In 2011, I met a tall lanky boy named Nate at a fundraising event in Chicago. I called him by the wrong name, and he worked up the courage to ask for my number anyway. We hit it off and started dating.
A few months in, I freaked out.
Right before my move to Chicago, I'd gone through the toughest break up of my life. It turned my world upside down, and when I met Nate, I'd just started to feel normal and whole again.
When we started seeing each other, things got serious fast. We were spending almost every day together and started talking about moving in in the first couple of months. That was when I started to freak and wrote him a long e-mail about how hesitant I was to dream about a future with him given what had happened in my past.
This was his response:
So. Let me imagine some future things for you that would be nice.
We could have a little place in noble square. A little tiny kitchen with a tiny bedroom and a front room with windows for entertaining a few friends.
We could have a little back walk up where we could sit in the summer and drink wine in the dark and lily would lay on the floor next to us and sleep.
We could wake up on mornings and sit quietly on the couch and read and drink coffee. We could grow huge green plants and cover the walls with their leaves and we could breathe in their wet earth smell even through the driest winter.
We could be wrapped up in blankets and listen to traffic out the window and watch the snow fall in the halo of the street light. We could go out late in the crisp and silence of frozen air and walk until our noses burn and our toes ache.
We could sit and make plans and do figures and make a chart that measures money and we could watch it fill up. We could quietly decline another dinner date and agree with just our eyes that we'd rather keep our money. We could sit with books and maps and calendars and make reservations and book flights. We could wait at border crossings in hiking boots with backpacks, or swim in warm seas behind tall boats, we could order things by pointing and get drunk on a patio next to a roundabout and we could walk back to our hotel in the dark.
We could pick apples in the fall and ride bicycles all summer. We could stand in huge thick coats and hold each other by the moonlight while the lake ice creaks and shifts.
We could drive to little towns and sleep in tired beds and sit in little diners eating greasy food. We could walk through ancient ruins and stand on top of sky scrapers and hold hands and kiss each other on the neck.
We could see things we've never seen, get lost in unknown places. Have strangers point us home and take our picture.
Our walls could be full of pictures, our shelves all full of boxes and bowls, little animals and paintings, toys and books, ticket stubs and boarding passes and we could live in the space of that memory.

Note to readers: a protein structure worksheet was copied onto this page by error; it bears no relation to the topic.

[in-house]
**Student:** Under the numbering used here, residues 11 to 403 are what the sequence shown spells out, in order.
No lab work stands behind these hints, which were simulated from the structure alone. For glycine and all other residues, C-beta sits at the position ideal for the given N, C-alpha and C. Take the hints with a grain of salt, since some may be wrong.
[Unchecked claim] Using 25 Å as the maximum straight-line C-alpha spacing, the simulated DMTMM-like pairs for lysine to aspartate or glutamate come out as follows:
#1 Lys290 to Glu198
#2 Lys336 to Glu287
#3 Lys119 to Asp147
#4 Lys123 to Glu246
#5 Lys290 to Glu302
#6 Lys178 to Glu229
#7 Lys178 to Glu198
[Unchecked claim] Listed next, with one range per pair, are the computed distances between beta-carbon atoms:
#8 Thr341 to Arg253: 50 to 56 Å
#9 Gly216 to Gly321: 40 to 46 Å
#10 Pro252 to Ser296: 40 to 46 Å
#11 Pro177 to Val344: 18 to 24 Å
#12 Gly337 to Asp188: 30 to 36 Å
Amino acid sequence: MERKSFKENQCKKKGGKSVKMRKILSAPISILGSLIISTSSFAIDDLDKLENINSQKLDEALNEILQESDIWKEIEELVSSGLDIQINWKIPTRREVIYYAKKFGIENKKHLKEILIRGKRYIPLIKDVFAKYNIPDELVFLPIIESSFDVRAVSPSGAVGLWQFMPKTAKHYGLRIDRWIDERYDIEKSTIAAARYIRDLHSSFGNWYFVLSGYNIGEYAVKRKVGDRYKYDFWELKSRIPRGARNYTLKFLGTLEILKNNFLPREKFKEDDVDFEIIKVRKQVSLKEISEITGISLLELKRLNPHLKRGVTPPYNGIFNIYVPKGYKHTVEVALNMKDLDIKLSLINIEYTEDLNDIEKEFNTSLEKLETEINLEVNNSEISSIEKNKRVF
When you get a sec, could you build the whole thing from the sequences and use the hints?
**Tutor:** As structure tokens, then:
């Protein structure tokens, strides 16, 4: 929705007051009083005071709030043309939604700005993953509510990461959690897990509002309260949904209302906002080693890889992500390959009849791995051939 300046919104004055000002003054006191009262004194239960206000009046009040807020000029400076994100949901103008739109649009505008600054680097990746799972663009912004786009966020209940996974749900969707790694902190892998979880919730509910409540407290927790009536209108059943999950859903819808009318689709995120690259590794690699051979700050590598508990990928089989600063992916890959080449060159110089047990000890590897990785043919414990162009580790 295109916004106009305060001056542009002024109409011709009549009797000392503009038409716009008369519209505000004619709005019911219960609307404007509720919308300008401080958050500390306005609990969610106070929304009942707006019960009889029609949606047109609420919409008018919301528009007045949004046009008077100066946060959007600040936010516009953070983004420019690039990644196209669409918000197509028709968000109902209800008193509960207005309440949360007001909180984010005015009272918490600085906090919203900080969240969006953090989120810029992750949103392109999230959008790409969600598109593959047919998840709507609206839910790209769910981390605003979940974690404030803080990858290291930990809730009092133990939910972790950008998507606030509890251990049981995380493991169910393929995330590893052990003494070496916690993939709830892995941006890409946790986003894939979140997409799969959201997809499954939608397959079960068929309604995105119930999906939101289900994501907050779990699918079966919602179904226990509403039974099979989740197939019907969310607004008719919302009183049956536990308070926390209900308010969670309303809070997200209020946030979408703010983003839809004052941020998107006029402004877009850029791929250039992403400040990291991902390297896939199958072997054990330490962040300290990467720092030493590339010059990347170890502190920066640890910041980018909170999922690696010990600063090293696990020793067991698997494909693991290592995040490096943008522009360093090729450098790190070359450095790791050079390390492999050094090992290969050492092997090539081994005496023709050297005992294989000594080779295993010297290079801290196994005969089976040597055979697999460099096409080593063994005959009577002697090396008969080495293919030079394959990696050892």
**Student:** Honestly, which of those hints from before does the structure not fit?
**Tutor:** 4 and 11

So you see how I never stood a chance, right?
Nate wrote me this long before we lived together. It was before we chose a tiny one bedroom in Noble Square (our old Chicago neighborhood) with a back step that we used to sit on and drink wine. He wrote this years before we decided to start saving for a trip around the world.
It was before we filled our apartment with maps and travel books and started to plan. Before we booked flights and hiked across border crossings in worn shoes with just packs on our backs. Long before we dove off rocky cliffs in Italy or drove through tiny towns in South Africa or climbed red dunes in Namibia.
Now, I'm sitting at my new table after a full year of making memories with my favorite person. My laptop is sitting on the bright orange table cloth we bought in a back alley in La Paz. I dropped my keys in the leather bowl we bought in Argentina. The road map we used to drive across Southern Africa is sitting on our bookshelf waiting to be framed. We've already hung the masks we bought in Thailand and the postcards we brought back from Vietnam.
When I stumbled across this old e-mail recently, I was shocked at how much Nate had predicted accurately, even down to the plants we had in our old Chicago apartment. When I read this to Nate, he didn't seem that surprised.
"See?" he said. "See what good things can happen when you visualize the future?"
The truth is, our trip didn't "just happen." We visualized and saved and planned for years. We forced that dream into fruition just as we're building and designing our lives all over again here in Denver.
This e-mail is a reminder to me that it's never silly to dream big. Who knows? Maybe it could all come true.